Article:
United Nations Security Council resolution 1452, adopted unanimously on 20 December 2002, after recalling resolutions 1267 (1999), 1333 (2000), 1363 (2001), 1368 (2001) and 1390 (2001) concerning Al-Qaeda, the Taliban and terrorism, the Council decided that financial sanctions against the organisations would not apply to expenses for food, rent, medicine and medical care, health insurance and professional fees.
The Security Council reaffirmed Resolution 1373 (2001) and its determination to facilitate the implementation of counter-terrorism obligations. Acting under Chapter VII of the United Nations Charter, the Security Council exempted funds necessary for basic expenses such as food, rent, medical care and professional fees and extraordinary expenses from financial sanctions against Osama bin Laden, the Taliban and Al-Qaeda. At the same time, it decided that the provision not to freeze accounts on humanitarian grounds no longer applied. States could also allow the addition of interest or other earnings to the accounts.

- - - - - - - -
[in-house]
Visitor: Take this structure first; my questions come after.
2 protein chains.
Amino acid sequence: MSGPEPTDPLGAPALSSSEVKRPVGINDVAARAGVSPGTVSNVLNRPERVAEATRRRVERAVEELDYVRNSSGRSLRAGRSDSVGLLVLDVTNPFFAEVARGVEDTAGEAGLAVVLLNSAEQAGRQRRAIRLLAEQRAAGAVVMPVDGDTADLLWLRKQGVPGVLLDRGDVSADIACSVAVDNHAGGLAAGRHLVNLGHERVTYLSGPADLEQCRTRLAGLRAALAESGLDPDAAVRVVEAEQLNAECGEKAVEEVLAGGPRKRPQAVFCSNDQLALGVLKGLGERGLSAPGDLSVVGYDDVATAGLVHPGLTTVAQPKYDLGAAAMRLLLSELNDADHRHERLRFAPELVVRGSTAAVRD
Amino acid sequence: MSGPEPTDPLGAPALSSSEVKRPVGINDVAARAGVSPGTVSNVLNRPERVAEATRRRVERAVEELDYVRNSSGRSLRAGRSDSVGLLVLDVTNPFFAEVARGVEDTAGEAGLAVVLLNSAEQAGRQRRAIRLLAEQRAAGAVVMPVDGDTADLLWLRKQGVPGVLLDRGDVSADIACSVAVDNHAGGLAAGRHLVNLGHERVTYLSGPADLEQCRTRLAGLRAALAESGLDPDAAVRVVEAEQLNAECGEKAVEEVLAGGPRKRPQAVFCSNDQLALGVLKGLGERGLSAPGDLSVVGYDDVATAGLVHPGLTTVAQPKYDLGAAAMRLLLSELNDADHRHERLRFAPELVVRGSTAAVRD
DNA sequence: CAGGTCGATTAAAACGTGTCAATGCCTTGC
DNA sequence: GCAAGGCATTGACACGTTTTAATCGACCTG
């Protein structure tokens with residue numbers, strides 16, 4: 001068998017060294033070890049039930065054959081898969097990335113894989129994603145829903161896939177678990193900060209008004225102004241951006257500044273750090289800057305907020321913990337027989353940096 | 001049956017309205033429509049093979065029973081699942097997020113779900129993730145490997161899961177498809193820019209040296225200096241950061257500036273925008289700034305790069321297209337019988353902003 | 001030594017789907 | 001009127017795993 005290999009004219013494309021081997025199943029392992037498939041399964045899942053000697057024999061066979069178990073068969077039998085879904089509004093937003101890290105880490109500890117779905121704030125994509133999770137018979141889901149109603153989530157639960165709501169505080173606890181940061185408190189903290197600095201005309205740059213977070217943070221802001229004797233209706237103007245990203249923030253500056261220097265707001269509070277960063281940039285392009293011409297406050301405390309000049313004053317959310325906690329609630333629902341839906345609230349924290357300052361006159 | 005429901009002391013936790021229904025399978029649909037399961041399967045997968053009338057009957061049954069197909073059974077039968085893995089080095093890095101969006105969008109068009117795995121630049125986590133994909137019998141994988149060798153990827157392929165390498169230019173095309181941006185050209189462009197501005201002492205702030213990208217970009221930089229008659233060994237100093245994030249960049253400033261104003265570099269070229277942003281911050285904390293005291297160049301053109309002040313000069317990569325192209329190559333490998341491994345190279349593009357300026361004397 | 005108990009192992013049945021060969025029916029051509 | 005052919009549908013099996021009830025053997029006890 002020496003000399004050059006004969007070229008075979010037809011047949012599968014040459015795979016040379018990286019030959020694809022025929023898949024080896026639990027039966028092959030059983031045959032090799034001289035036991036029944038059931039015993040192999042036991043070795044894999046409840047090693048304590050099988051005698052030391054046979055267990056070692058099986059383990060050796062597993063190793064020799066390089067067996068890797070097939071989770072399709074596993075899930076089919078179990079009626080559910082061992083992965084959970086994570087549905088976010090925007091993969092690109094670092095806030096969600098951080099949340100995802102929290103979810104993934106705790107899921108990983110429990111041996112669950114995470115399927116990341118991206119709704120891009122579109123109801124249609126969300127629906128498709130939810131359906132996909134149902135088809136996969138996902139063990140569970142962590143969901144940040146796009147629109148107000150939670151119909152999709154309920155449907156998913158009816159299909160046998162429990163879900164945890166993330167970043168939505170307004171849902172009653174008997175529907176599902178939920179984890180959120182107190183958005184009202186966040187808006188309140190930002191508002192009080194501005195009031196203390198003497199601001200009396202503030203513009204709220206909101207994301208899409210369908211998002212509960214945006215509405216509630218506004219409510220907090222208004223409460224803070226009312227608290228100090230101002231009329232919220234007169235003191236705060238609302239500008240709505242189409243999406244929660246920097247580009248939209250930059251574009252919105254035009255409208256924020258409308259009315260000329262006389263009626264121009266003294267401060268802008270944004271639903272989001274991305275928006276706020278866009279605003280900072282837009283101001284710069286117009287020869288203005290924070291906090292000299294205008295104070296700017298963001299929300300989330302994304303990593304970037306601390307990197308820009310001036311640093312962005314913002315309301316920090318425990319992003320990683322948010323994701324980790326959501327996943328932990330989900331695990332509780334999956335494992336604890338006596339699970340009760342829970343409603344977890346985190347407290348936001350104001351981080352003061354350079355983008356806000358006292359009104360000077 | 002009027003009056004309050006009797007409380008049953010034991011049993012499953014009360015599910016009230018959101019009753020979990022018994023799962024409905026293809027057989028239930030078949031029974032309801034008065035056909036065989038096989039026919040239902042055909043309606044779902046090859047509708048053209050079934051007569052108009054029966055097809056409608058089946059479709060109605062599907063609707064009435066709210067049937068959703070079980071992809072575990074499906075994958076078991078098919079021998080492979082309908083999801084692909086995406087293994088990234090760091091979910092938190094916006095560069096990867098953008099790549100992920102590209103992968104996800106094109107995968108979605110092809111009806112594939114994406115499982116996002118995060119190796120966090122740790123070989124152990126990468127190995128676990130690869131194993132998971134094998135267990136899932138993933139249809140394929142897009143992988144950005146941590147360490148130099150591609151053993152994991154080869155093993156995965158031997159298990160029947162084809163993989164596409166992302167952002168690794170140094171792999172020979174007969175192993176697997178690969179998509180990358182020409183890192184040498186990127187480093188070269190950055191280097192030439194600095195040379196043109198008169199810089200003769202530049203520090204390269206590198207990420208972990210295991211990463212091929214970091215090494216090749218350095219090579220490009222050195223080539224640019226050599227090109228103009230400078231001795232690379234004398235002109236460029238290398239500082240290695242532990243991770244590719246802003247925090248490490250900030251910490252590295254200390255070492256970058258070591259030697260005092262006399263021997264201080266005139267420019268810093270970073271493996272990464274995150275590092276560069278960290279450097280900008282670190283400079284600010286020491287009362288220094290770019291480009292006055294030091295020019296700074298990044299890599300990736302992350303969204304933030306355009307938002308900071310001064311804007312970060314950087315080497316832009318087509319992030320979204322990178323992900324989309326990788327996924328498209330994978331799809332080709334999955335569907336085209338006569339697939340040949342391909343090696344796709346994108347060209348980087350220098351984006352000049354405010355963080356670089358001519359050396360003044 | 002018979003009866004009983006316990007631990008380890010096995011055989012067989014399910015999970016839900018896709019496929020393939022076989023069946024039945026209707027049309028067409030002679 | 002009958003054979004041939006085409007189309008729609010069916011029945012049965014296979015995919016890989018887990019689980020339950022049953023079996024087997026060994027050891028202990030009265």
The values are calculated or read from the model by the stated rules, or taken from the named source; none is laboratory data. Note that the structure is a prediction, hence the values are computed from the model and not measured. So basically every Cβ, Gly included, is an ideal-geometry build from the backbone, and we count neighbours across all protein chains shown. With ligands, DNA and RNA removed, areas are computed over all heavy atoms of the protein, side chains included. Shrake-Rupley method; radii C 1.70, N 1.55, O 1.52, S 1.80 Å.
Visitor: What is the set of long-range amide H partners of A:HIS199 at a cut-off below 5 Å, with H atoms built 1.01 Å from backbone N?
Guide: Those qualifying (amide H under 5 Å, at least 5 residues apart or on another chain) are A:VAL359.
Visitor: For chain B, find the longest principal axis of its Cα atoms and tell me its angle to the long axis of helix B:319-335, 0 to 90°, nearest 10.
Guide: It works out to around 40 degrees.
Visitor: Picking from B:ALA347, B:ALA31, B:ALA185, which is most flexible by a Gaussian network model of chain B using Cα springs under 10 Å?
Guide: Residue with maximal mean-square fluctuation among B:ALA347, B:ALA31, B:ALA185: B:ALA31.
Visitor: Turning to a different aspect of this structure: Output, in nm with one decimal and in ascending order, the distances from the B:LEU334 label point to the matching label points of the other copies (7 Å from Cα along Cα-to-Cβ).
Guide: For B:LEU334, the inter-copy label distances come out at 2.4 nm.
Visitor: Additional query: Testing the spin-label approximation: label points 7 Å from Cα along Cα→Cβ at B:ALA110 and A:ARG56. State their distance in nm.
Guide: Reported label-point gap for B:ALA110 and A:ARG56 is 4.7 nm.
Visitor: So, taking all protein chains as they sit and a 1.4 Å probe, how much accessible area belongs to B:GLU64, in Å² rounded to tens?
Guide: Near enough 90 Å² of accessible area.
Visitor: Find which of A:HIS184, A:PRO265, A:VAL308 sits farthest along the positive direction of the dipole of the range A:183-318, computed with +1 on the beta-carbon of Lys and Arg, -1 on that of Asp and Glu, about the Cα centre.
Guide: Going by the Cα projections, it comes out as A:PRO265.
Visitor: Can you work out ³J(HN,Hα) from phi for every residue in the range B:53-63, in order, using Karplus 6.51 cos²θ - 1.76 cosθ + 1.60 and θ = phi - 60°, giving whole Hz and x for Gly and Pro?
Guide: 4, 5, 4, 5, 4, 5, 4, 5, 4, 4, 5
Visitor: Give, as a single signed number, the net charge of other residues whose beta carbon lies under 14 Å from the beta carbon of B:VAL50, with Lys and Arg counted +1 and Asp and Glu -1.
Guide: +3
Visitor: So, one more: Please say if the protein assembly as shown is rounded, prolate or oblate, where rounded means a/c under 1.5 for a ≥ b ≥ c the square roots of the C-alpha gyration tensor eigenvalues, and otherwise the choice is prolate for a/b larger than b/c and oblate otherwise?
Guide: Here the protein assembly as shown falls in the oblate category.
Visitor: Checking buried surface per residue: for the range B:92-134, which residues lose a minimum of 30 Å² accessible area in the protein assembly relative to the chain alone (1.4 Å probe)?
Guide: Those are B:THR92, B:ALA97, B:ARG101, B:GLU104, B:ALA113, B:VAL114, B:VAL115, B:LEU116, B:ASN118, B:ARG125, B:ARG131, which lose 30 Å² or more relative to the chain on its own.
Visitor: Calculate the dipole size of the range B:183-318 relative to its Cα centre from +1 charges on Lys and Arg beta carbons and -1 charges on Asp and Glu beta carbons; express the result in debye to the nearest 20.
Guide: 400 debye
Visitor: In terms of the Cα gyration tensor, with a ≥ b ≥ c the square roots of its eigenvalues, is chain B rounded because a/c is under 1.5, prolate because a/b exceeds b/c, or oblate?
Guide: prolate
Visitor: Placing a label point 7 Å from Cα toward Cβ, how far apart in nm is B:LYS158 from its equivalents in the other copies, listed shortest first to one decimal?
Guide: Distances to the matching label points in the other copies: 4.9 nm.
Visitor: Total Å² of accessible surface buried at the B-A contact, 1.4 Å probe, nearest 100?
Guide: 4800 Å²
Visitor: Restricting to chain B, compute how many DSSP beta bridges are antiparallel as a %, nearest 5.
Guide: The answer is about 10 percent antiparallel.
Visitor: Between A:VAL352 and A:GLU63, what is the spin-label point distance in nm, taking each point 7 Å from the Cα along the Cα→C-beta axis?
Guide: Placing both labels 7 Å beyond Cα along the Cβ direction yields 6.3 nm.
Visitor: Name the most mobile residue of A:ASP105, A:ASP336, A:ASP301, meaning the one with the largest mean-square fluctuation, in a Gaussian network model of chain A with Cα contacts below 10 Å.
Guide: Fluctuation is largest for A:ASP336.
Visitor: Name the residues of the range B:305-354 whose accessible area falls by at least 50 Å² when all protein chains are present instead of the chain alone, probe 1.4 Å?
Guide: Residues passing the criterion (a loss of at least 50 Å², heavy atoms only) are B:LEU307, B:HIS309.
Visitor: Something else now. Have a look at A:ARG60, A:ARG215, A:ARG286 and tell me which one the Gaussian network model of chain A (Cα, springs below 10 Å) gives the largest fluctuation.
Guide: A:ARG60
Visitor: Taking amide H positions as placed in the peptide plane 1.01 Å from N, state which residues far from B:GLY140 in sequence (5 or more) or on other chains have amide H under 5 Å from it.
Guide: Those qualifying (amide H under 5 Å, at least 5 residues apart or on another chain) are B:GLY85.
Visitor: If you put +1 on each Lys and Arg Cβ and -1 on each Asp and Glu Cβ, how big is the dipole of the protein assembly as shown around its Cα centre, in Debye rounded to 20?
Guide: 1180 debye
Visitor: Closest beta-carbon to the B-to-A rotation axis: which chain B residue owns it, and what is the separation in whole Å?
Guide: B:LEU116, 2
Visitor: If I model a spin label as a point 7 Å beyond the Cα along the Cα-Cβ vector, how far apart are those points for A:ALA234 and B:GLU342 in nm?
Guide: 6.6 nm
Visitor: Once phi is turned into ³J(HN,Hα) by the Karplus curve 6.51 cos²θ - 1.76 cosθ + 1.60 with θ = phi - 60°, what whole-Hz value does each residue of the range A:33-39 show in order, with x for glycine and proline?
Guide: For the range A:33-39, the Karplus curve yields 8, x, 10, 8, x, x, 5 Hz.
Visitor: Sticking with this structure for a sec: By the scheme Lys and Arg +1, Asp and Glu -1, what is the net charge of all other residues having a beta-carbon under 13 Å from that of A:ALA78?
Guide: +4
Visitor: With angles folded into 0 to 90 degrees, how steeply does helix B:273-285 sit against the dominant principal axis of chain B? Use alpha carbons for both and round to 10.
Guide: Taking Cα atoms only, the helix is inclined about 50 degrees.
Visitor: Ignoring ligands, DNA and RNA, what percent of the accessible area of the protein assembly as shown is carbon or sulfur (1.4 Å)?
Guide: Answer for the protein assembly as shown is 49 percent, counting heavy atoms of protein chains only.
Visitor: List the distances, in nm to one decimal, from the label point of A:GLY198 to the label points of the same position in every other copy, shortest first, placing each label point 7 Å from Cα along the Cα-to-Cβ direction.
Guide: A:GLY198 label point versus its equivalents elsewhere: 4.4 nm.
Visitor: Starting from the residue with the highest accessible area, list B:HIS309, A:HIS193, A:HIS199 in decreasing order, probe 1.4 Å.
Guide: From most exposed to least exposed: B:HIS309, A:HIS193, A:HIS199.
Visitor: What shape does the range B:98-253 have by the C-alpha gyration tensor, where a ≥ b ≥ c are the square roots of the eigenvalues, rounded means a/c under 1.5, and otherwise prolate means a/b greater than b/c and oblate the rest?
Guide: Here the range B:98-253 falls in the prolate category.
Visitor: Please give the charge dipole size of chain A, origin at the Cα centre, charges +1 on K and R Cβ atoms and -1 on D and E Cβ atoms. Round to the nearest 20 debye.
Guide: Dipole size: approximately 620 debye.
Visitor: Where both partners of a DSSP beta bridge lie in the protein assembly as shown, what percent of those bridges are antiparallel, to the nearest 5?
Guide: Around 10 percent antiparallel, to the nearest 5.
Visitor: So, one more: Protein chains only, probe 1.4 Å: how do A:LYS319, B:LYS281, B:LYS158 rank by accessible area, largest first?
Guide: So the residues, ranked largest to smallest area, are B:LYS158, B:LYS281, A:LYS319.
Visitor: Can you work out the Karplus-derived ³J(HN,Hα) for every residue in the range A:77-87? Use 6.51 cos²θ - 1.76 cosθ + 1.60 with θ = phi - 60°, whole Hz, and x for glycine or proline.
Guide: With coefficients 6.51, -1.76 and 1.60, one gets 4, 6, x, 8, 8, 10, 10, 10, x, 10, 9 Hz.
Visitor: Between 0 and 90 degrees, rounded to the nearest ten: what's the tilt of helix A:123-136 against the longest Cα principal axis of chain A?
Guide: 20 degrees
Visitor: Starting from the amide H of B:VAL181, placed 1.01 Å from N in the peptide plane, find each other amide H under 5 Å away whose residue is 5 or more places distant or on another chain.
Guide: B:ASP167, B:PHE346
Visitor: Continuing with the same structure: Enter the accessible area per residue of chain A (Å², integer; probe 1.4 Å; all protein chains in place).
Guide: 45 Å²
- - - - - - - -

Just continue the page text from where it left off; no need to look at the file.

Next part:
See also[edit | edit source]
References[edit | edit source]
- "Security Council adjusts provisions regarding frozen funds of Taliban and Al-Qaeda members". United Nations. 20 December 2002. http://www.un.org/News/Press/docs/2002/sc7617.doc.htm.
- "Security Council adopts humanitarian exemptions to sanctions against Al-Qaida". United Nations News Centre. 20 December 2002. http://www.un.org/apps/news/story.asp?NewsID=5728&Cr=qaida&Cr1=.
- Wallensteen, Peter; Staibano, Carina (2005). International sanctions: between words and wars in the global system. Routledge. p. 24. ISBN 978-0-415-35596-4.
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